What process and materials did you use? The process of making is slow and ongoing, often taking more than a year. I generally work around a theme that arises slowly, as I notice what has been bothering me, or interesting me—usually it is something from the news. As the drawings develop, they change, and often circle back to the older drawings. For this project, I gathered stones with my daughter because we both found them to be so silently beautiful and varied (daughter stones). This is about a relationship of a human with a naturally found object. I have used graphite on a smooth Bristol paper for the drawings, but I also included a small bit of pencil color, for hints of color.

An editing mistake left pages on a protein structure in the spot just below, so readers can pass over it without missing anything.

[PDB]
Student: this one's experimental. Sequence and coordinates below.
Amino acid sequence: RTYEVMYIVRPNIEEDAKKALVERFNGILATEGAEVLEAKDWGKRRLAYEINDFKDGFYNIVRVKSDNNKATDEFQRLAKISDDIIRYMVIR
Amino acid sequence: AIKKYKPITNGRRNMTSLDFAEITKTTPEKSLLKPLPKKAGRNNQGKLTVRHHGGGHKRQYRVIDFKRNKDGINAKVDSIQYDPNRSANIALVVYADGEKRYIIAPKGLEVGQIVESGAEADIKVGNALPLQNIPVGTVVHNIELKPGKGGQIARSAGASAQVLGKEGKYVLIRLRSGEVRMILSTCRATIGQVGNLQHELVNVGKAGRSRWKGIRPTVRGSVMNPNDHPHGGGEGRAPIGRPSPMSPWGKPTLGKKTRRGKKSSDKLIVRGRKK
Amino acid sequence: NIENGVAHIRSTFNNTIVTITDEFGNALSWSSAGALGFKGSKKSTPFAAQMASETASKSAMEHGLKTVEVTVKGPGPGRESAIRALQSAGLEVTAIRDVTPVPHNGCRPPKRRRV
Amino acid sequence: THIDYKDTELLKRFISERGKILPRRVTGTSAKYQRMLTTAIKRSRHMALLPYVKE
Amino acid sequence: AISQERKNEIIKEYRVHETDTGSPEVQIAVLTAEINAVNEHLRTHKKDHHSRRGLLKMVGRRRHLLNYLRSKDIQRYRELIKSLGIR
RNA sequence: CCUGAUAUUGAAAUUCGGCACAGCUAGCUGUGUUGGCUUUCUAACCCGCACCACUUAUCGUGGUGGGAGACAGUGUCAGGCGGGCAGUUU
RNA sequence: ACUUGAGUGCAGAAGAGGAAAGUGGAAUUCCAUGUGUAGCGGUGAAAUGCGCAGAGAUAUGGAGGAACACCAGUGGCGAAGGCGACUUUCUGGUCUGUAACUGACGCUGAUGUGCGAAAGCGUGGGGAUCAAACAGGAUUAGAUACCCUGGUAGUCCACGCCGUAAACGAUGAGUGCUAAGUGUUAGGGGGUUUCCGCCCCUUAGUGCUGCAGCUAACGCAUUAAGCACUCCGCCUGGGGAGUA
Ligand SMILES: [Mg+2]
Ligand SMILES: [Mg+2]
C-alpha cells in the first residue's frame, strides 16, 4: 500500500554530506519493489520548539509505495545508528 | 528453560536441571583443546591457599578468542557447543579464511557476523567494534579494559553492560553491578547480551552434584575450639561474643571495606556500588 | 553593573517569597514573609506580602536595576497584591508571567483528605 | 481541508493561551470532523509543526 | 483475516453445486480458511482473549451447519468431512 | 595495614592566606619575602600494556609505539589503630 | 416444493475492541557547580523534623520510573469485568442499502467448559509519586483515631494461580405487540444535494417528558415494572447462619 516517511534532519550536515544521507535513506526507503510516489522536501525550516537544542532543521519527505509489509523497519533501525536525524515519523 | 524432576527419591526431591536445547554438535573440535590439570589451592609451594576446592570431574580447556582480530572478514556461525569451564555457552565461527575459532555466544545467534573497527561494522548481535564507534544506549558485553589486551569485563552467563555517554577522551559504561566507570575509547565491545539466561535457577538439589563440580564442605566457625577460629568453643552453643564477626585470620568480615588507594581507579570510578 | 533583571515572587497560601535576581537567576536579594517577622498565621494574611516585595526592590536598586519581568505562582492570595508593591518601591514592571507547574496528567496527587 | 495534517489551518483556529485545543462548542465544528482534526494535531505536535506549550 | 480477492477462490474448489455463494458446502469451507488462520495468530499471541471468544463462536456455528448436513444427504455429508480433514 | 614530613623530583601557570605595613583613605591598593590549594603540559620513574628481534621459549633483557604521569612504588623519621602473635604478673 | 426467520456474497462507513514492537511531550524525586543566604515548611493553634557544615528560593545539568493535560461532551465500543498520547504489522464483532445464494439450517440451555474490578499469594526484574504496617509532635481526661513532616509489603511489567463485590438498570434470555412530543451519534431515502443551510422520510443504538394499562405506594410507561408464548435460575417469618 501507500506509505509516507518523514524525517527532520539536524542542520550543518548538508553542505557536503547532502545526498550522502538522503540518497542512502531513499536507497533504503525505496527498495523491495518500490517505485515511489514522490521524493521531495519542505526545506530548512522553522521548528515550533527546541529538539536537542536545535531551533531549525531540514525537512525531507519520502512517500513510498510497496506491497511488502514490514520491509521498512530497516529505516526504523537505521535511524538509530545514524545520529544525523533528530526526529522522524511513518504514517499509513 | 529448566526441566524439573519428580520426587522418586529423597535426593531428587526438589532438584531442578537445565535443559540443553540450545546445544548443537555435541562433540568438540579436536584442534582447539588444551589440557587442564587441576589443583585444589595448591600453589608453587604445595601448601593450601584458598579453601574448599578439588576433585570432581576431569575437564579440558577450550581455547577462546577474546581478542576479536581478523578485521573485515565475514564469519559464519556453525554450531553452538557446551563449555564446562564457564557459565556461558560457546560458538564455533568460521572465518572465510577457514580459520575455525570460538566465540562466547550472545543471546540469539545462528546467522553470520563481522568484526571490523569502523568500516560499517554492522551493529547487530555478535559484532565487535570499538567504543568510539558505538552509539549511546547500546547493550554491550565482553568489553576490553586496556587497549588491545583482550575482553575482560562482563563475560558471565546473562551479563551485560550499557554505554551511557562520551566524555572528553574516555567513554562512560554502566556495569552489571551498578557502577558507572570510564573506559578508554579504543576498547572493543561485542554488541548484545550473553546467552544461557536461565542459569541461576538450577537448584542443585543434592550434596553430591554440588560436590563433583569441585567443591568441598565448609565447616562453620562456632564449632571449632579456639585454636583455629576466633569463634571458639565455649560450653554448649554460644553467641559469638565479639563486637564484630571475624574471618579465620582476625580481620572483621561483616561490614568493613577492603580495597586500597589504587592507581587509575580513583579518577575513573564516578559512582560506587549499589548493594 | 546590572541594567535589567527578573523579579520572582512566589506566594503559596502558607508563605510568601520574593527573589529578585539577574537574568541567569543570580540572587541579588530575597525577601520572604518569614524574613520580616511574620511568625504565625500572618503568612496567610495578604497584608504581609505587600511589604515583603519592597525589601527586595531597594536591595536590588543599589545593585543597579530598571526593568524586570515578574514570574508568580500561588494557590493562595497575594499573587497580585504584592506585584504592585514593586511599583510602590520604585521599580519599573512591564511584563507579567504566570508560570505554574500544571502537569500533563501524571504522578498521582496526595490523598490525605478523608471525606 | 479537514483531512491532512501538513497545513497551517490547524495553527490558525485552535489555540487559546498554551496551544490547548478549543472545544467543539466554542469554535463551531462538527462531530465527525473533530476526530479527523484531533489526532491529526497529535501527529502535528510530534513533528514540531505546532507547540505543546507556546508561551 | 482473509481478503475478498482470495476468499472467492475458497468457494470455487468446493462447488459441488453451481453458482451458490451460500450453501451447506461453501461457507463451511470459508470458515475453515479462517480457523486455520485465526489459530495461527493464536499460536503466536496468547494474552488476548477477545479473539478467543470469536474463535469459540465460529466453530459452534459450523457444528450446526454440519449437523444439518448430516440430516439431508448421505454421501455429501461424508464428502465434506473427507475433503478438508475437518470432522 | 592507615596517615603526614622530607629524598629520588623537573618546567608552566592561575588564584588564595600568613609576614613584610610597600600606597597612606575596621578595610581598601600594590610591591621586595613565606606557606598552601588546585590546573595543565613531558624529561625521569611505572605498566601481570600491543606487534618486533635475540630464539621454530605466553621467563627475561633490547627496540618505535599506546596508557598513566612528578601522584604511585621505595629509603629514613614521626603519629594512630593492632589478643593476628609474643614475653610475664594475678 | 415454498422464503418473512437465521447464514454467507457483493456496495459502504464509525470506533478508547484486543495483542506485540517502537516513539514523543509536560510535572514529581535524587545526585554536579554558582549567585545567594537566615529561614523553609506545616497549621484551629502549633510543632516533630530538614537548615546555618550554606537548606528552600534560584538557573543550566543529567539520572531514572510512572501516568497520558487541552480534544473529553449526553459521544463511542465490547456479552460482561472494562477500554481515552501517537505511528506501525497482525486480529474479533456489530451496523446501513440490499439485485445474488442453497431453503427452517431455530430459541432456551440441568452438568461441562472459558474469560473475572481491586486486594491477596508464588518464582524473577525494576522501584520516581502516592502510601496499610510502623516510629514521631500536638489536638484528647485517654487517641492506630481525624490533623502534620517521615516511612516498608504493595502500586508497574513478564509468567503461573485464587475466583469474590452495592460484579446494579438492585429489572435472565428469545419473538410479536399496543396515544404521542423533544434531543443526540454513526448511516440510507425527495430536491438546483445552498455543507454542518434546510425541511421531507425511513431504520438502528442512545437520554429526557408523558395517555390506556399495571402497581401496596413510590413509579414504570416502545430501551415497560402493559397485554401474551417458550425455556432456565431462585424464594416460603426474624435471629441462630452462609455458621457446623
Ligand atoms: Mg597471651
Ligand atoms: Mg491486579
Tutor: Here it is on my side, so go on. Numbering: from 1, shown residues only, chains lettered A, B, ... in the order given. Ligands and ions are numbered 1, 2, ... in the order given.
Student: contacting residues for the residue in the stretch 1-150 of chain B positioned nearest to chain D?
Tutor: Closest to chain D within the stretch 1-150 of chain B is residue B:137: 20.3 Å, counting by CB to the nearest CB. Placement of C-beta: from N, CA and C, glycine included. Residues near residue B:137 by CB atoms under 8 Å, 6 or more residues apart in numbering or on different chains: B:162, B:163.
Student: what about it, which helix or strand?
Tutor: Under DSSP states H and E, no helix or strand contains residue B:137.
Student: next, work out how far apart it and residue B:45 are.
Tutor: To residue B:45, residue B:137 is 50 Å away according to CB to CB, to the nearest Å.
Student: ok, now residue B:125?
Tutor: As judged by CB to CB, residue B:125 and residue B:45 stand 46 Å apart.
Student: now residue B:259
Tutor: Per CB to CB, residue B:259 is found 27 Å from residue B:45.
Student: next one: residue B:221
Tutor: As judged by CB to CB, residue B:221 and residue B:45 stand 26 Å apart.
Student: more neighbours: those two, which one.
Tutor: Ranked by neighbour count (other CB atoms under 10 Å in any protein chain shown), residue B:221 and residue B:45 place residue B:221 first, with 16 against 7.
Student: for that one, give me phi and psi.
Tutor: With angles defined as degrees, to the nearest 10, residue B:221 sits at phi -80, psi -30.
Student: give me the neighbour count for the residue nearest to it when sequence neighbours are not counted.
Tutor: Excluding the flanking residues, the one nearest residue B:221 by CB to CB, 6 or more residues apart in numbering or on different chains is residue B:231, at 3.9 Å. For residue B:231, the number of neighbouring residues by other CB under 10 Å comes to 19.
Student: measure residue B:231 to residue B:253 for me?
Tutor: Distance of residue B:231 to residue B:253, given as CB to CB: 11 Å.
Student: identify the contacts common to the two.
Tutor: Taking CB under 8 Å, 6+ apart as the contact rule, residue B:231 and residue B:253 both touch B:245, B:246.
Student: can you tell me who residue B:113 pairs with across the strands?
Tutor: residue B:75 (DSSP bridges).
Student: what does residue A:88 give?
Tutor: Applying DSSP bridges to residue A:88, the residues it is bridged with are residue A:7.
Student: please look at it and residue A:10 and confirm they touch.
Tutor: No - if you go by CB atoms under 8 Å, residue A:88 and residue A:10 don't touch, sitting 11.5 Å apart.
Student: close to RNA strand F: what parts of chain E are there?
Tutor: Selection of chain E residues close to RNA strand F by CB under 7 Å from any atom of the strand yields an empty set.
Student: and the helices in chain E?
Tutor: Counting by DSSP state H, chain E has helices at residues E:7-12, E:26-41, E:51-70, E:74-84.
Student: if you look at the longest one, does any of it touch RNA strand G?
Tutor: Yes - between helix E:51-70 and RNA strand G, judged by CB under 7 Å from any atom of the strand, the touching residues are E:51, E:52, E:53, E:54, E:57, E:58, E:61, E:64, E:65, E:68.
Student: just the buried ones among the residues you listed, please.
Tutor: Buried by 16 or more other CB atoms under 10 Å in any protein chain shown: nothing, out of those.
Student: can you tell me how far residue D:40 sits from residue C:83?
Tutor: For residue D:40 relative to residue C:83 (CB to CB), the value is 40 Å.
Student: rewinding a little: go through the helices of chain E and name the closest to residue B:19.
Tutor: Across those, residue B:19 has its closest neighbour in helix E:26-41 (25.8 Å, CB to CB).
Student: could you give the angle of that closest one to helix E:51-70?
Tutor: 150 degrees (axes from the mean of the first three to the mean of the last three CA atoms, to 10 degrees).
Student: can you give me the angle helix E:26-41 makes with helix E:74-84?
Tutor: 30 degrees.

What is your favorite part about working with the arts community at F&M? The students. They give me hope. I’ve found the students in my class to be hard working, to care, and to want to learn in a refreshingly open way. I love watching them make connections across disciplines and seeing what arose from their drawings. I really believe that there is not a right or wrong way to draw.
My work uses industrial fabrication and construction materials to create objects which explore liminal spaces. Stemming from a background in traditional carpentry and computer aided manufacturing, my practice focuses on the construction of objects that rest in between architectural spaces, decorative sculpture, and presentations of conceptual research into specific phenomena.
Interview with Alex Schechter: